By Tom Richardson

A rocketing uranium price, a bull run for gold, a rebound in inflation, a debt crisis in the United States and the decline of ethical investing.

These are among some of the left-field predictions made by money managers for the coming year. And they come as markets – both in Australia and overseas – seesaw, driven by hope the Federal Reserve in the United States will cut interest rates several times and concerns about volatility in the Middle East and Ukraine.

Geoff Wilson, Wilson Asset Management

Geoff Wilson, the prominent investor who runs Wilson Asset Management, points to bad debt and problems with commercial real estate as one left-field issue this year.

“The Fed can fix liquidity issues in the banking system, but it cannot fix [bad debt] issues,” he says, “If we get credit stress on rising jobless numbers or the like, commercial real estate loans are a catalyst for problems.

“A large non-bank institution, say an insurer, could run into trouble if a book loaded with commercial real estate loans blows up. You know, the private credit market is worth $US1.3 trillion ($1.9 trillion) and it’s unregulated. A lot of these private equity assets are illiquid, and any forced asset sales could morph into contagion.”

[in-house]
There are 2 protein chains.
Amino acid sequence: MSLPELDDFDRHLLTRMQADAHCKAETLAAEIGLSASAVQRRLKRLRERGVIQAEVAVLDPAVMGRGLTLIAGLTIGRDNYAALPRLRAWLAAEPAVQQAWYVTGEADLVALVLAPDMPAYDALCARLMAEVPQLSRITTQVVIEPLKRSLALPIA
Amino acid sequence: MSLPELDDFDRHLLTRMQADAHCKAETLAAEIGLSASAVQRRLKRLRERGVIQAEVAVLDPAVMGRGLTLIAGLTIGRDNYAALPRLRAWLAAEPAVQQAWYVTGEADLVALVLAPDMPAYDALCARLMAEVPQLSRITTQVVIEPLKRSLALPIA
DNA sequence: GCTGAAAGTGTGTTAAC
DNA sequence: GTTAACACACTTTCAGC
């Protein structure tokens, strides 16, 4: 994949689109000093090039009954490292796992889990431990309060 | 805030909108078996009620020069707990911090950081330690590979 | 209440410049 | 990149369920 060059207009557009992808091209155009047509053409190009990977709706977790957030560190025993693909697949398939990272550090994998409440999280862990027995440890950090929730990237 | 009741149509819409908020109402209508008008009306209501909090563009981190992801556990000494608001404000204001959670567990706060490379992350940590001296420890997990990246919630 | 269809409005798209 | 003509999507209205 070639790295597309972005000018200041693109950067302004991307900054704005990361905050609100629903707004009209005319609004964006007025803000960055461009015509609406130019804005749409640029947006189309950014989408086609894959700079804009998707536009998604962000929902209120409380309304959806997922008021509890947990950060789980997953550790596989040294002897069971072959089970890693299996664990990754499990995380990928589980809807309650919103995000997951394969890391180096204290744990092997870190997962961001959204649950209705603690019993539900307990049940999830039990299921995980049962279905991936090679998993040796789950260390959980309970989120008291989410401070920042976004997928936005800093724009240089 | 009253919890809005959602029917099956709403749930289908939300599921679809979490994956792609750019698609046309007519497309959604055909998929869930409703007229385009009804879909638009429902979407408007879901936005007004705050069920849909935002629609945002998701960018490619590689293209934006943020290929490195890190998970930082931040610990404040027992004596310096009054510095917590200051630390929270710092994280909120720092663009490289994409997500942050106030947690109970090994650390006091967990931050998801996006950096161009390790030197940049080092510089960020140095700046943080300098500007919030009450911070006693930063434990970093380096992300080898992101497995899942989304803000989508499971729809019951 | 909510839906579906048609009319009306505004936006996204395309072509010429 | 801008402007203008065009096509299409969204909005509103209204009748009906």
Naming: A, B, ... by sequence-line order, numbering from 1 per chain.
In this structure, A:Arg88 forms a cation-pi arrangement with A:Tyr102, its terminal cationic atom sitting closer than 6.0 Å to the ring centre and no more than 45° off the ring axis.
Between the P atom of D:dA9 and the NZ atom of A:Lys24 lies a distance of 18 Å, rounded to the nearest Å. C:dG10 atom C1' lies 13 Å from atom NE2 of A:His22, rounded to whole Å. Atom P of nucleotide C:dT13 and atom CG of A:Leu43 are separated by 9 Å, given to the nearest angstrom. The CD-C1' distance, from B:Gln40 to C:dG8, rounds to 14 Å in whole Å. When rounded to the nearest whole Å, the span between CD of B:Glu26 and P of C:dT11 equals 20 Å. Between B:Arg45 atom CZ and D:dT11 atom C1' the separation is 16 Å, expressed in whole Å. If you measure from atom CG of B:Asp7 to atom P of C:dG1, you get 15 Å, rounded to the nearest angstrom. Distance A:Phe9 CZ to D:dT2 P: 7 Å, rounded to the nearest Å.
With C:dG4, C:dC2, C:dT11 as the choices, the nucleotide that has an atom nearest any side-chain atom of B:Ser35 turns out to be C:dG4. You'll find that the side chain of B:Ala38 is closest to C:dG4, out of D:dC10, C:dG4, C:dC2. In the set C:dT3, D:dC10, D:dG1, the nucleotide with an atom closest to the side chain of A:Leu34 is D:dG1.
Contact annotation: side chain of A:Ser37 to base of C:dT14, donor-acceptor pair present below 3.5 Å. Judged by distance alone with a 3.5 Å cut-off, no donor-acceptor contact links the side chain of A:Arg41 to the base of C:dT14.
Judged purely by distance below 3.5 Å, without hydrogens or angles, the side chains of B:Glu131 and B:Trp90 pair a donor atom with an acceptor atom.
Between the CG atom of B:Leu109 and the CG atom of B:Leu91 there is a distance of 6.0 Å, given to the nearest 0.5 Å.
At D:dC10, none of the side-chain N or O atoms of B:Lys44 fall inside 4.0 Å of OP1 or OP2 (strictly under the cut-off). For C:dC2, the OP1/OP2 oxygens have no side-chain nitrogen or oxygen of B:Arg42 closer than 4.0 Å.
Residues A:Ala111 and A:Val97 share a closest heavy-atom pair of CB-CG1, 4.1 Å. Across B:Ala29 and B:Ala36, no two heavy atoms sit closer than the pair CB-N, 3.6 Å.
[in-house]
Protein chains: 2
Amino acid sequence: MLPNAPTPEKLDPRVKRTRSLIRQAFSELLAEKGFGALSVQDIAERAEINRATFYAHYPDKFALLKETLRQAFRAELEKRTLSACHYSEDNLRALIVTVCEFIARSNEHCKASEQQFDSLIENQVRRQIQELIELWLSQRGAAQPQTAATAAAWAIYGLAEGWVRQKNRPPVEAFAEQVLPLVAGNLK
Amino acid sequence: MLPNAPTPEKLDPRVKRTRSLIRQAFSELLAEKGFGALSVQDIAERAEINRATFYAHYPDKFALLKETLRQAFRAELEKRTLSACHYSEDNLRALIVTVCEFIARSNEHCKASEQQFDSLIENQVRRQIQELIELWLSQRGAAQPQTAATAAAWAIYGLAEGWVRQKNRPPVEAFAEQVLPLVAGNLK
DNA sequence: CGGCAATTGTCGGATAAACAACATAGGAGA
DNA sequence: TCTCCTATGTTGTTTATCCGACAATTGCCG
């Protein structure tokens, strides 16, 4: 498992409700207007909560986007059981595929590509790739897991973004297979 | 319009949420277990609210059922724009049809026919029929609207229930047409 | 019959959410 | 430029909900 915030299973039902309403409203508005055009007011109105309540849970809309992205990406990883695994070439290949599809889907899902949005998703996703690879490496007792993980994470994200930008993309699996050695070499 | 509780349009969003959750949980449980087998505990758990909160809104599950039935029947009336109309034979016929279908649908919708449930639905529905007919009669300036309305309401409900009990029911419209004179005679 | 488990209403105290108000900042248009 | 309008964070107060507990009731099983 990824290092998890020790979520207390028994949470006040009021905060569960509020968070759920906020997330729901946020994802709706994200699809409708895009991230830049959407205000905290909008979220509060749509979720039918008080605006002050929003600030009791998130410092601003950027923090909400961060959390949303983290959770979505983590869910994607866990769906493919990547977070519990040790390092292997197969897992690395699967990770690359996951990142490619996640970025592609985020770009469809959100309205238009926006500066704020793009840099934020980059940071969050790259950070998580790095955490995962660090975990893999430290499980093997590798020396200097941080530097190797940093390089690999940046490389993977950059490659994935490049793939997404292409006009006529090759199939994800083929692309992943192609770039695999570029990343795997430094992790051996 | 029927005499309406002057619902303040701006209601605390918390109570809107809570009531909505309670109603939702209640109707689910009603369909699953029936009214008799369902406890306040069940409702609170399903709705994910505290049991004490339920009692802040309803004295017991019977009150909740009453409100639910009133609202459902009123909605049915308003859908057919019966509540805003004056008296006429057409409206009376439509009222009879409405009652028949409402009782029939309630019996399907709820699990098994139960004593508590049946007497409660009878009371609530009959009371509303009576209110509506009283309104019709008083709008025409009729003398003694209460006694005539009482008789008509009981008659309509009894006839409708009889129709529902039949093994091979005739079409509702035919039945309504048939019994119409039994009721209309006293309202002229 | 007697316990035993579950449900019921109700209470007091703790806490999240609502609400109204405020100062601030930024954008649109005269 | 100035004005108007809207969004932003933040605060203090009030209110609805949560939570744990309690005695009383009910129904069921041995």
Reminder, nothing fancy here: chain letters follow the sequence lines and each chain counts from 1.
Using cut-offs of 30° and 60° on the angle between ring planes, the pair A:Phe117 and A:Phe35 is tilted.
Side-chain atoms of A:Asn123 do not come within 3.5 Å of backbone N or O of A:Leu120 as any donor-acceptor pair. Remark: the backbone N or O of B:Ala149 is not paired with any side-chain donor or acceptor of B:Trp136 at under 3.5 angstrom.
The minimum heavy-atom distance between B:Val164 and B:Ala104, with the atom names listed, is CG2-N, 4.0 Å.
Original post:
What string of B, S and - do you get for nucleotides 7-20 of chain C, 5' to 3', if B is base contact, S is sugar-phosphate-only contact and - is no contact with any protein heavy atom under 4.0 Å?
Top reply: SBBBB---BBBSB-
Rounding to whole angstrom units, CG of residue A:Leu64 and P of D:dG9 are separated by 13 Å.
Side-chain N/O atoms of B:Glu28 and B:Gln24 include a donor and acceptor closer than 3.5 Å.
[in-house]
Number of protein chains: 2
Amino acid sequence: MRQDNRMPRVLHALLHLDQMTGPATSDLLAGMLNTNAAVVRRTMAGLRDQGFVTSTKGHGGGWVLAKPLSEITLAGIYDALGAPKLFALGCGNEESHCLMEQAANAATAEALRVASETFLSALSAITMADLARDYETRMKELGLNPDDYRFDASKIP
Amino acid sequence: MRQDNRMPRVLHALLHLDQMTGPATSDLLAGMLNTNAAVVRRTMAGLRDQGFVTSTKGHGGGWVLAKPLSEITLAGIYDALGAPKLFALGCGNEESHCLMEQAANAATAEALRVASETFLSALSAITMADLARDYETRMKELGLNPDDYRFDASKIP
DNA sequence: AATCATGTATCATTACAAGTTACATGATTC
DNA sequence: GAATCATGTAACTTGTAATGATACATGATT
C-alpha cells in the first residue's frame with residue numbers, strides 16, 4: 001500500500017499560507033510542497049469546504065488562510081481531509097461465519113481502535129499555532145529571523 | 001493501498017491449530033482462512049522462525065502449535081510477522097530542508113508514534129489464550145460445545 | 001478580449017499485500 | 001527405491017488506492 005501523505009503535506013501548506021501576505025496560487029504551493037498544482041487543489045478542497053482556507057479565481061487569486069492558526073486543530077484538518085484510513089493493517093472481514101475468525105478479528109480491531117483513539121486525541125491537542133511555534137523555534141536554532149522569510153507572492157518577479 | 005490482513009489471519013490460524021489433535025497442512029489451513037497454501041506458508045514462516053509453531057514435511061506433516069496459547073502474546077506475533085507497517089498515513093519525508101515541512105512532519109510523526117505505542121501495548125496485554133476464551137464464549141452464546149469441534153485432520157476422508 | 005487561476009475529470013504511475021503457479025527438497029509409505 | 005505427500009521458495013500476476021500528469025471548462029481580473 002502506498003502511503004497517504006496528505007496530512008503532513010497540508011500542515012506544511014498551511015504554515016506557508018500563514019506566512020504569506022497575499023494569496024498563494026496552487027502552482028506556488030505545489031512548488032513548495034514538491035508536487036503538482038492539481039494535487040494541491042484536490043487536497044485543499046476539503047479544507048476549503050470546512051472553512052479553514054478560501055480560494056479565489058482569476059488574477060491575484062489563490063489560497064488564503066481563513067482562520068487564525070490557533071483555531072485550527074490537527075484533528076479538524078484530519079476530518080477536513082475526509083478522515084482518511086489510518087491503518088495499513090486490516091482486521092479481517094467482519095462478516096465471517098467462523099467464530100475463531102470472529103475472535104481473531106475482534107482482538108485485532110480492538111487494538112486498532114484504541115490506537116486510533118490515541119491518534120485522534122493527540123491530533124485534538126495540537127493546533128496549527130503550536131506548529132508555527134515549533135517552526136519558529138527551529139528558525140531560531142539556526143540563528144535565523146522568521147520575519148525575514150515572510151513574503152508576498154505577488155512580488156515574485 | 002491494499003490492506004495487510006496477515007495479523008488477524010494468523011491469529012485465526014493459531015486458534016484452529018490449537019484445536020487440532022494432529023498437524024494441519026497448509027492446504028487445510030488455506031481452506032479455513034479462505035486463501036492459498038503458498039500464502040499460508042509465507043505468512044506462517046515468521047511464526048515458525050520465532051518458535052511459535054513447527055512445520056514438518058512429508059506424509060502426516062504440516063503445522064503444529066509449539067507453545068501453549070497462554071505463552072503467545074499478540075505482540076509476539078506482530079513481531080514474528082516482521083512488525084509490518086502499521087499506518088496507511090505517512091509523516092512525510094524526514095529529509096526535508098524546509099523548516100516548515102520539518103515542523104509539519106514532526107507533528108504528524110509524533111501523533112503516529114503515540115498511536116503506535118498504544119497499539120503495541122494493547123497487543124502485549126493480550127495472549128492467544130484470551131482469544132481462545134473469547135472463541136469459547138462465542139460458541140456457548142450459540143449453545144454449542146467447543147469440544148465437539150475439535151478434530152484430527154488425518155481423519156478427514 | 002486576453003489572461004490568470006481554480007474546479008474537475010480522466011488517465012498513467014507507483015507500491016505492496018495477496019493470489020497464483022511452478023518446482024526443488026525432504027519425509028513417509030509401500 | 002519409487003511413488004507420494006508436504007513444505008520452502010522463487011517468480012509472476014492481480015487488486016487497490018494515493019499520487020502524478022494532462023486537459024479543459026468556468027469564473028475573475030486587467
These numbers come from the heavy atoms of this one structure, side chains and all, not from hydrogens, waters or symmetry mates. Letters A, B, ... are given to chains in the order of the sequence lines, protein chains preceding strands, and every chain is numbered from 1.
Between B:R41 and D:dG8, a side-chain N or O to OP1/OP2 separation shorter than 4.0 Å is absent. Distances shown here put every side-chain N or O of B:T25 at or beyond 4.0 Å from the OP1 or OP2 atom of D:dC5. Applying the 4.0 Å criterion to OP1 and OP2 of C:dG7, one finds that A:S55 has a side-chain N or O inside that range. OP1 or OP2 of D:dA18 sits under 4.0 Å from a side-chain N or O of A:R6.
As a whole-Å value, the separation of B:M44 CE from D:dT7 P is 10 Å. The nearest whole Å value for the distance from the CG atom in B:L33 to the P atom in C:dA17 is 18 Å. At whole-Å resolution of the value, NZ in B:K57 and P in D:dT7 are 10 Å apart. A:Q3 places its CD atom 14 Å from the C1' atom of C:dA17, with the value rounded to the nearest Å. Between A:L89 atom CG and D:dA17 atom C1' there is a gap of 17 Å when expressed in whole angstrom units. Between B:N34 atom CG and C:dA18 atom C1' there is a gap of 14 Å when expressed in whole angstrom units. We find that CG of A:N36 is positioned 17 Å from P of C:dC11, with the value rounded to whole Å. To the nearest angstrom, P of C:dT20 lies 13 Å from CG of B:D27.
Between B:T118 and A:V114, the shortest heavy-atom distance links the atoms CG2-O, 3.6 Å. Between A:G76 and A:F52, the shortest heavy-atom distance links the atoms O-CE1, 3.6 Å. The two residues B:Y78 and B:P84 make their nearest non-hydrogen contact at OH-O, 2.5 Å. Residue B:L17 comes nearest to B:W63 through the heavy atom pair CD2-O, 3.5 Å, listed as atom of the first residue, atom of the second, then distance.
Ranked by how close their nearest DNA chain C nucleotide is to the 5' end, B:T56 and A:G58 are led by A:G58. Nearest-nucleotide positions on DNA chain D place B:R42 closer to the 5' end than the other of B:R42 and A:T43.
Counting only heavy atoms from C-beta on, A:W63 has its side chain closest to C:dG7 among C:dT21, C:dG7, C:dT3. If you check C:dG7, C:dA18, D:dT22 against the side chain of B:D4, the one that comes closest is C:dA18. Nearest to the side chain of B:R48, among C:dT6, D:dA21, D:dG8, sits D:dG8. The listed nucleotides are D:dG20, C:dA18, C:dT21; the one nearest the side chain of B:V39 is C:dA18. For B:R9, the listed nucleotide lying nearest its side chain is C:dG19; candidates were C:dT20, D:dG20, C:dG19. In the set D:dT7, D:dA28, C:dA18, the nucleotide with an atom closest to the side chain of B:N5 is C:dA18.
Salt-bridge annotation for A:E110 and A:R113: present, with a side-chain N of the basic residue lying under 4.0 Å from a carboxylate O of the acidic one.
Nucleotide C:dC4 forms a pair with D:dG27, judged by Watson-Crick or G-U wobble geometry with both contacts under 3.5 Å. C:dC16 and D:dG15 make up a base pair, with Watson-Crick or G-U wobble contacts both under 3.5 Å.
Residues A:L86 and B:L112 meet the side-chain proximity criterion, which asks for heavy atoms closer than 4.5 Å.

Wilson says he doesn’t think this is likely in 2024 – but it is a risk to consider. Black swan events, he adds, are by nature extremely negative but impossibly difficult to predict.

Among known unknowns, Mr Wilson says, is the potential for a tumble in the value of the US dollar after a two-year bull run. In turn, that could stoke the value of gold and other commodities as the US dollar’s relative purchasing power retreats.

“The Global South countries – Brazil, India, Pakistan, Indonesia and China – are buying gold, and there’s this argument the US dollar will be debased,” Wilson says. “And governments globally have unsustainable levels of debt and the only way out is to inflate their way out. So absolutely, gold could soar.”

Read more in the Australian Financial Review.

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